What corporate money buys on Hill: inaction
The Enron collapse is shining a bright light on a facet of Washington politics that doesn't get much attention: The most important action is often what doesn't occur.
The laws that don't get passed and the rules that never get written can have broad and long-lasting impacts, and the role of special interests is just as vital to those outcomes as it is to laws that get approved.
Pinning down the precise role corporate money plays is notoriously difficult. Many factors play into congressional votes, and it's not uncommon for a lawmaker to get money from groups on both sides of an issue.
But now many lawmakers are under the gun to account for steps they did not take - or actively discouraged others from taking - that might have prevented Enron's collapse or, at least, have given investors some warning. Critics say these lapses are the result of corporate dollars.
In an era when campaign cash is the key to job security, questions about governmental inaction range far beyond Enron into issues as diverse as healthcare, broadcasting, and automotive fuel-economy standards. "Most lobbying is to prevent new regulation from getting on the agenda in the first place," says Pietro Nivola, an analyst at the Brookings Institution in Washington. "Whenever you have a scandal like [Enron] it adds credibility to the presumption that government should do something."
Only a few weeks into the Enron investigation, members of Congress are already competing for legislative fixes to a problem some concede they helped to create. These range from campaign-finance reform - which seeks to reduce the overall amount of lobbyist money in politics - to mandating greater independence for corporate auditors.
But in the booming 1990s, there was little interest on Capitol Hill in reining in the accounting profession or companies that, like Enron, were seen as bright stars in the economy.
Rightly or wrongly, Congress avoided actions at several junctures - moves in line with corporate opponents who had made donations to key members of Congress.
In 1992, at lawmakers' urging, federal regulators exempted the budding market for "energy swaps," pioneered by Enron, from oversight. Later, Congress relaxed oversight even further: The Commodity Futures Modernization Act, which passed in December 2000, included a special exemption for Enron.
IN 1999, members of Congress also helped prevent regulators from cracking down on possible conflicts of interest in the accounting industry. The Securities and Exchange Commission (SEC) had proposed a rule that would have banned accounting firms from consulting with companies they also audit, but lawmakers threatened to slash the commission's budget.
The rule was not implemented, and some experts say it that may help explain why auditors failed to flag the corporate irregularities that brought down Enron.
"The pressure on us was enormous, including constant threats from Congress that our budgets were being implicated by this," says former SEC chairman Arthur Levitt, after testifying before a Senate committee last week about his experience with the 1999 rule. In the end, the SEC proposed a weaker standard.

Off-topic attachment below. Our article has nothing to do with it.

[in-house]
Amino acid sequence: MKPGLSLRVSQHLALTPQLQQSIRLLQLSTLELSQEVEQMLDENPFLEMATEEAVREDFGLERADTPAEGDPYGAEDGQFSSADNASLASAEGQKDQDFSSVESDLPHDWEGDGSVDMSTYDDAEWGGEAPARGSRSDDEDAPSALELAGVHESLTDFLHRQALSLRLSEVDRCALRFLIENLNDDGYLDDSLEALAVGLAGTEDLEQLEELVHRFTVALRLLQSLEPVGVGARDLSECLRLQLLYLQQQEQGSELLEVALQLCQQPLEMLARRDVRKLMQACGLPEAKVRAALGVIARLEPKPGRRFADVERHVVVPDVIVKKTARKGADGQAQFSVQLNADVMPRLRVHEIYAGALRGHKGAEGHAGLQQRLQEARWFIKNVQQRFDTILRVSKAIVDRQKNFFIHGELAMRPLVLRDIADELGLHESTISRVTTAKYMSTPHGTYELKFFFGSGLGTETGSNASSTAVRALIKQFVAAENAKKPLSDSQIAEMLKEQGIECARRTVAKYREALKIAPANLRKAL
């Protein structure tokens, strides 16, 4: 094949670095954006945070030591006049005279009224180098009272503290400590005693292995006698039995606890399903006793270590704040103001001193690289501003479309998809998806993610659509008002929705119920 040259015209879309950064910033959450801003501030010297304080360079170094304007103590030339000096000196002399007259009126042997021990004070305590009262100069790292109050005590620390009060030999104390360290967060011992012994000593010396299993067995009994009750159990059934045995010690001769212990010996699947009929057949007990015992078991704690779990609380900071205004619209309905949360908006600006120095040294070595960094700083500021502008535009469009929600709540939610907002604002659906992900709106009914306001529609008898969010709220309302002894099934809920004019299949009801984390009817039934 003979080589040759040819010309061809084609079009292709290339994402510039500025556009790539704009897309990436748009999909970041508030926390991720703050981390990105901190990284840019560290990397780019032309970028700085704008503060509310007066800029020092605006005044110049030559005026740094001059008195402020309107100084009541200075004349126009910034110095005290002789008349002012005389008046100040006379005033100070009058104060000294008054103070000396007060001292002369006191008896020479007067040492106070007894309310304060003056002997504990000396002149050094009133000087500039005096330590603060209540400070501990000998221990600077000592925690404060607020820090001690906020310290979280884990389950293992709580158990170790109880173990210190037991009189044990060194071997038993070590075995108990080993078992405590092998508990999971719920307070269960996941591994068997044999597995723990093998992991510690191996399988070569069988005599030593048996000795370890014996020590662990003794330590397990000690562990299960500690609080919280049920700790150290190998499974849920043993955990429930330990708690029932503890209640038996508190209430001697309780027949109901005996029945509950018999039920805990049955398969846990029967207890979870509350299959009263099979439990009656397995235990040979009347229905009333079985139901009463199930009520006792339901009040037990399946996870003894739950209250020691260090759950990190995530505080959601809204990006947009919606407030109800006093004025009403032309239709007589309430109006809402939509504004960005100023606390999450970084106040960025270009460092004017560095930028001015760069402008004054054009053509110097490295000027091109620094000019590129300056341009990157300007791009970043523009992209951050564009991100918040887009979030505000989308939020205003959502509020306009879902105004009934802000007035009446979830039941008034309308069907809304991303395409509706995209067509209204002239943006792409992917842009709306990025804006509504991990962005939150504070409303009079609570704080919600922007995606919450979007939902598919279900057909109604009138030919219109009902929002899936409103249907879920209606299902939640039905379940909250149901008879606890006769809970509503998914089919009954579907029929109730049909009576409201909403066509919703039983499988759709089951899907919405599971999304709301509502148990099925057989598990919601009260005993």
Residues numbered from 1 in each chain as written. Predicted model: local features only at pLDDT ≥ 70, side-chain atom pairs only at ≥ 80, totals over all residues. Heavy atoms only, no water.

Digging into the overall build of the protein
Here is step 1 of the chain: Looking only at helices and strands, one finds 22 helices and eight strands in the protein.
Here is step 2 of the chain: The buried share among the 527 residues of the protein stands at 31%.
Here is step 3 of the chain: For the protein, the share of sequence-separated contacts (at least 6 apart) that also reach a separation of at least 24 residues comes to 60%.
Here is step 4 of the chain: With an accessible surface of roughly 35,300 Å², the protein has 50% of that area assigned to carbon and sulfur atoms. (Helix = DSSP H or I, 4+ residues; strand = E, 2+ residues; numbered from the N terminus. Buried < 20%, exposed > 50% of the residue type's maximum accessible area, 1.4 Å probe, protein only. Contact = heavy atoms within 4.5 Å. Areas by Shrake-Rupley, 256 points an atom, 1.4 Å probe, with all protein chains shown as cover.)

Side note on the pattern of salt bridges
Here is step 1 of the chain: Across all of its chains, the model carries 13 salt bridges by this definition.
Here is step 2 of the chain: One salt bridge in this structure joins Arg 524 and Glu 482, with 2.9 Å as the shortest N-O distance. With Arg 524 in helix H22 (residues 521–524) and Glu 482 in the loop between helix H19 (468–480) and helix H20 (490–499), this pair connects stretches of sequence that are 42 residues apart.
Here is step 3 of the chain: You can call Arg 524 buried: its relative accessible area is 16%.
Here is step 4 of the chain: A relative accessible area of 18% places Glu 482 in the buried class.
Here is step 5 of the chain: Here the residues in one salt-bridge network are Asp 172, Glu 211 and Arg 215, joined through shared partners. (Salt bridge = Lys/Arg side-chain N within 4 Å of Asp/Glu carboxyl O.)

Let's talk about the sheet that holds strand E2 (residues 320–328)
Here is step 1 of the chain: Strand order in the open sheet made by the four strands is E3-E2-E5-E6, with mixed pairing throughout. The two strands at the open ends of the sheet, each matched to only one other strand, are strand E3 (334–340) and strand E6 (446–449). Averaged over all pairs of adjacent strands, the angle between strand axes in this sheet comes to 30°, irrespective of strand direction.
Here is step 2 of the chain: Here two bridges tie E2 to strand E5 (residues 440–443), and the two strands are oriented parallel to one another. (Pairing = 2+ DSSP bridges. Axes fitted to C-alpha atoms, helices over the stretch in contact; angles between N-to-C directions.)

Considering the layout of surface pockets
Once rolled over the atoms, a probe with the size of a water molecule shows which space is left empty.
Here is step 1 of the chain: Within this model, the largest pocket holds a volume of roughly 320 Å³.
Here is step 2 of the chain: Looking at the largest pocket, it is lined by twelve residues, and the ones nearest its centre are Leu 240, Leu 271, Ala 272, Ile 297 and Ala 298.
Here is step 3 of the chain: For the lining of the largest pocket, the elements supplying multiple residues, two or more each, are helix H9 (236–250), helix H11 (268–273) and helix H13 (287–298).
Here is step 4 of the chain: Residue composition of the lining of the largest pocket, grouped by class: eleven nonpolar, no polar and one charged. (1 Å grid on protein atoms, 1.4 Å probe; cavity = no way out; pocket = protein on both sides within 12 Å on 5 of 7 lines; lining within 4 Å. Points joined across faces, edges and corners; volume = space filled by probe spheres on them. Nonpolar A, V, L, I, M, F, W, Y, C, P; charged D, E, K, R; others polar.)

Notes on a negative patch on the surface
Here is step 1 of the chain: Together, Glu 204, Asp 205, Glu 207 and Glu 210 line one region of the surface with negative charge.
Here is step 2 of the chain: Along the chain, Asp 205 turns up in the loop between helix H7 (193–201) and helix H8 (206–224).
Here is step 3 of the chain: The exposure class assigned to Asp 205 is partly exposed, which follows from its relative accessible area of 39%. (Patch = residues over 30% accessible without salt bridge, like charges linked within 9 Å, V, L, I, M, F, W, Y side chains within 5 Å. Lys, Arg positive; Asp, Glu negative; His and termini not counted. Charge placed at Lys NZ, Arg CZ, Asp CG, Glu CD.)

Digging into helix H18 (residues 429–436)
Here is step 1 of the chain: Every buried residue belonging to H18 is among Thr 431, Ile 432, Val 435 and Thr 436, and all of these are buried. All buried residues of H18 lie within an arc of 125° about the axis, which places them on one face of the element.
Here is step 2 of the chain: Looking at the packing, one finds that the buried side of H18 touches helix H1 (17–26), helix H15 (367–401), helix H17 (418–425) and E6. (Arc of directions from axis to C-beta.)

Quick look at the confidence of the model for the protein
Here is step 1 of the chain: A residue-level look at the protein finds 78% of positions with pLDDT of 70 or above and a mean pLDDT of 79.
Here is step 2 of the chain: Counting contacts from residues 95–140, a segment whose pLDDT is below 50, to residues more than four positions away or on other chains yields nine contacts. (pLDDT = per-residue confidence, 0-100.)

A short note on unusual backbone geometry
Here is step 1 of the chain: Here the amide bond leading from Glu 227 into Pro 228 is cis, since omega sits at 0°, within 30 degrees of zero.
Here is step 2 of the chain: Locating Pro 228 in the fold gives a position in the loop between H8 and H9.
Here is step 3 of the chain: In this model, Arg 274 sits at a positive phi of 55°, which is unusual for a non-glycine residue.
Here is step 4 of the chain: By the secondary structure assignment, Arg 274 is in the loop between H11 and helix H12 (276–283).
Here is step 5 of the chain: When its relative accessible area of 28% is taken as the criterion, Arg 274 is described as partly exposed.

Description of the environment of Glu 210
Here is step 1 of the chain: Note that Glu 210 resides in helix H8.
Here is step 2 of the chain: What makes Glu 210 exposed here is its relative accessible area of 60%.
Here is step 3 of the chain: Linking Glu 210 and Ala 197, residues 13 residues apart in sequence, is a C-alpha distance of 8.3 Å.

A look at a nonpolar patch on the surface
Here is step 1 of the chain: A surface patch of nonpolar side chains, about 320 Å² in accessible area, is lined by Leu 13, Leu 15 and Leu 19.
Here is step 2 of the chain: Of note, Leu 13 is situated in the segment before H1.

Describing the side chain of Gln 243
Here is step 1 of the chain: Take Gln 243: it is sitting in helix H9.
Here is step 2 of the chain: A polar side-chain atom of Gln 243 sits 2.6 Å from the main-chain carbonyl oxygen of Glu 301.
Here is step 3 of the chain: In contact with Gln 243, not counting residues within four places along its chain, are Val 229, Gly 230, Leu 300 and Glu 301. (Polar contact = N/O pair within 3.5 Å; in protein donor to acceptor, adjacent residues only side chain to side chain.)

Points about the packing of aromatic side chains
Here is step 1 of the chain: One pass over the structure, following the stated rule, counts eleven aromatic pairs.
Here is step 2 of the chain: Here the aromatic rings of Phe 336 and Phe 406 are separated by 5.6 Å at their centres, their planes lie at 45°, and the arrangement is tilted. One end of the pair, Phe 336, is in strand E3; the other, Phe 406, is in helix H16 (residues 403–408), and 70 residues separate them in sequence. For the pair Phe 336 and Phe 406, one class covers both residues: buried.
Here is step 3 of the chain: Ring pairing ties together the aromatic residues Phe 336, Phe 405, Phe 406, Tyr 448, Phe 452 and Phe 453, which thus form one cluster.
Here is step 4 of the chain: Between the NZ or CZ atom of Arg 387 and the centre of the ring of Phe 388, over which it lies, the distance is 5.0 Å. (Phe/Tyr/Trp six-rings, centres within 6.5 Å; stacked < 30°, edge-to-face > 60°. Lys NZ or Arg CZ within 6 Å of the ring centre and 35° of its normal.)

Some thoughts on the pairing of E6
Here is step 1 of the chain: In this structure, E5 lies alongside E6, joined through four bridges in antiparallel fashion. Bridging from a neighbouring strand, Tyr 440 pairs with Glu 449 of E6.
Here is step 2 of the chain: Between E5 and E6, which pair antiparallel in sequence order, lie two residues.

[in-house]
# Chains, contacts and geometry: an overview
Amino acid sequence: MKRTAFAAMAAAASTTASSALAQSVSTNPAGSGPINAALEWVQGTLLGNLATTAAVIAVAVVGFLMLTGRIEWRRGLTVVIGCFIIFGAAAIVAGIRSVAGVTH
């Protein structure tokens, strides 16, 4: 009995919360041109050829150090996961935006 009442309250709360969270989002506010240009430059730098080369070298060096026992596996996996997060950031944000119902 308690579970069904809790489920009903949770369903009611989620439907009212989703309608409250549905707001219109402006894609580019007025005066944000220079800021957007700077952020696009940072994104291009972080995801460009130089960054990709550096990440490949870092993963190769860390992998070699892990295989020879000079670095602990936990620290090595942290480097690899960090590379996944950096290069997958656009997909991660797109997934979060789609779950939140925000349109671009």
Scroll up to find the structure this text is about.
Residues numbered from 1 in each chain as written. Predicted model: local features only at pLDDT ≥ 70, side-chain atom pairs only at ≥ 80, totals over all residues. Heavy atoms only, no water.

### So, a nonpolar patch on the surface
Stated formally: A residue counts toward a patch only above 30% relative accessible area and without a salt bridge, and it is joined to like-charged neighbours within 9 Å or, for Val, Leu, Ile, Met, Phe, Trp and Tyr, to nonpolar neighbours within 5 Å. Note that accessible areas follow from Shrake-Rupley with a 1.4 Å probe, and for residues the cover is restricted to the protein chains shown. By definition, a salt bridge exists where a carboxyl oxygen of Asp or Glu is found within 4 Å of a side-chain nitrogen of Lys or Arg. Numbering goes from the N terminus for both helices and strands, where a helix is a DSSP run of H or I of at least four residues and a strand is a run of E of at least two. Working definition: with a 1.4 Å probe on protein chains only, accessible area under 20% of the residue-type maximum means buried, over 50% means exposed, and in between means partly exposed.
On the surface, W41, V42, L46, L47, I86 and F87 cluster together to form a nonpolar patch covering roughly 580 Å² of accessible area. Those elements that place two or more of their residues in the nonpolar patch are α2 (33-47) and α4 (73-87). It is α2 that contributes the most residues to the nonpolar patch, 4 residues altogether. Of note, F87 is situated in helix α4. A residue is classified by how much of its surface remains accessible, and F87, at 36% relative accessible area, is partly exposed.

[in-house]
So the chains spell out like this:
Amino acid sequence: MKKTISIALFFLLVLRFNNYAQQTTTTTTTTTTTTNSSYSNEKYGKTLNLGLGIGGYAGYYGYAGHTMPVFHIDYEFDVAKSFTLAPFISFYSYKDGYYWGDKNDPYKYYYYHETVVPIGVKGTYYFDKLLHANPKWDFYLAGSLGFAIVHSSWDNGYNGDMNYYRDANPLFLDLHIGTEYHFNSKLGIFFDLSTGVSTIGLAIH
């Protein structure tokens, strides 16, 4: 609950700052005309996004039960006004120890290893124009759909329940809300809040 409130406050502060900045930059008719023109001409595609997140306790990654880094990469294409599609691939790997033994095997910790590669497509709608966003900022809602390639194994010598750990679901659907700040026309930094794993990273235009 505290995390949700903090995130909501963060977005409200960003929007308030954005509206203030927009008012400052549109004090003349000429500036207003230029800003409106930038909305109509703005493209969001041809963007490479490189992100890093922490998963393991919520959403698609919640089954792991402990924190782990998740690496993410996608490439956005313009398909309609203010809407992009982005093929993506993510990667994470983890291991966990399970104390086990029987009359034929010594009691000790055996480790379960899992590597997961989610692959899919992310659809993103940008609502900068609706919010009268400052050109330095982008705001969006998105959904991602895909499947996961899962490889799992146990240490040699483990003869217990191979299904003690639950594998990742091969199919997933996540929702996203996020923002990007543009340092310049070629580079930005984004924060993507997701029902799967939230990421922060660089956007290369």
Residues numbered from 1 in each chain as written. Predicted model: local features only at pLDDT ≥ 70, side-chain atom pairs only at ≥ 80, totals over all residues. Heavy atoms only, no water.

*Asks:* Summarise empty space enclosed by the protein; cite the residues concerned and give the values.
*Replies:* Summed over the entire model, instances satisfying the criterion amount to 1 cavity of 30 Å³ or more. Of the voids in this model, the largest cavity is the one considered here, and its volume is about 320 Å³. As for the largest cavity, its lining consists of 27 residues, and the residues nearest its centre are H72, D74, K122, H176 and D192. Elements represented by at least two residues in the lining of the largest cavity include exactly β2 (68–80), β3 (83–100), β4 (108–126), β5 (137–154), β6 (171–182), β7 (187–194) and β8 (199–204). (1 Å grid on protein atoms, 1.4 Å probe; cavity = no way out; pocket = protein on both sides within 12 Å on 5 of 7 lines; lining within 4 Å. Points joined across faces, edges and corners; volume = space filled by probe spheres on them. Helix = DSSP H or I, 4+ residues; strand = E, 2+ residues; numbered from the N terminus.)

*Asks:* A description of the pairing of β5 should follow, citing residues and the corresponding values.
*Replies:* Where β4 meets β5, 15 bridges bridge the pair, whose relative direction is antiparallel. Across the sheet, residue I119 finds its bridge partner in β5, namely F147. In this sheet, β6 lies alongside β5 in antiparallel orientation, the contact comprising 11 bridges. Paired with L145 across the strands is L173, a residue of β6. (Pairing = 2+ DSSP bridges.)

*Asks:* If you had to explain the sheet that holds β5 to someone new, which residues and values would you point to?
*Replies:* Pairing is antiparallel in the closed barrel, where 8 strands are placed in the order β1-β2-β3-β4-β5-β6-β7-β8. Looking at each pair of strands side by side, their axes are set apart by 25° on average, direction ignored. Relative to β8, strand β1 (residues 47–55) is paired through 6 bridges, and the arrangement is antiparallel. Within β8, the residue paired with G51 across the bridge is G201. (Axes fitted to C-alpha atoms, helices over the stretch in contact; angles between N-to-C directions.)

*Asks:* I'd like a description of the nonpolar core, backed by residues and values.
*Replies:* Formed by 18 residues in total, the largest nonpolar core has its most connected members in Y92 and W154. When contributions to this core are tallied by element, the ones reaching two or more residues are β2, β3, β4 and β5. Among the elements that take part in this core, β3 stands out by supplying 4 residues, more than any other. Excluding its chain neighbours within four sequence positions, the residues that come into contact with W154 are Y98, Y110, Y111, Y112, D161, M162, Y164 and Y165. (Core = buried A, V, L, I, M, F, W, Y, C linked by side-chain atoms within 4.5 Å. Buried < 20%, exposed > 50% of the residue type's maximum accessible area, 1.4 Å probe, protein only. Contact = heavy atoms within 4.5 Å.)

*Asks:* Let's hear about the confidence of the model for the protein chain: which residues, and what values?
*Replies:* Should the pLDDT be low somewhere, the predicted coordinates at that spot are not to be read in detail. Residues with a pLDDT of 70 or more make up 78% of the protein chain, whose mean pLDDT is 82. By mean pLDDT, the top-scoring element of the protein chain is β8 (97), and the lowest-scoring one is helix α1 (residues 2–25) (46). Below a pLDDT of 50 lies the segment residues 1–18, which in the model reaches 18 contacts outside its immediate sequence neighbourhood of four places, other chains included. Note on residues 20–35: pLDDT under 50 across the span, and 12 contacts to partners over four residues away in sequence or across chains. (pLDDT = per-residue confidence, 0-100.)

Public interest groups say that Enron is already reviving public interest in other corporate efforts to influence public policy.
"Some people say Enron didn't get anything from Washington, but it got exactly what it wanted: It got no regulation," says Celia Wexler of Common Cause, a public interest group.
Some observers worry about powerful lobbies holding up legislation in several key areas, including:
Prescription-drug benefits for seniors. The pharmaceutical industry has been making concerted efforts to derail or tone down national and state plans to curb prescription-drug prices, experts say. "In pharmaceuticals, a lot of the lobbying is trying to stop things," says John Calfee, resident scholar at the American Enterprise Institute.
Broadcast advertising rules. Congress, at the urging of media firms, has blocked a Federal Communications Commission initiative to provide free or reduced-cost television time for candidates. Again, lawmakers threatened the agency with budget cuts. Seventeen Republicans and ranking House Commerce Committee member sent blunt letters opposing the rule, according to a 2000 study by the Center for Public Integrity. Politicians didn't like the edge it could give other candidates, and broadcasters risked millions of dollars in lost advertising.
It "is but one of a stack of proposals that media companies have flattened like pancakes in Congress and the White House in recent years," says Charles Lewis, the center's executive director.
Fuel-economy standards. The automobile industry has pushed, with success in Congress and the Clinton administration, to fend off changes that would have forced SUVs to be classified as passenger vehicles - and thus face tougher mileage standards.
"The corporate players who work in and around Congress are as interested that something not be done as they are that something be done," says former Sen. Howard Metzenbaum, who testified in favor of a stronger SEC rule on conflict of interest.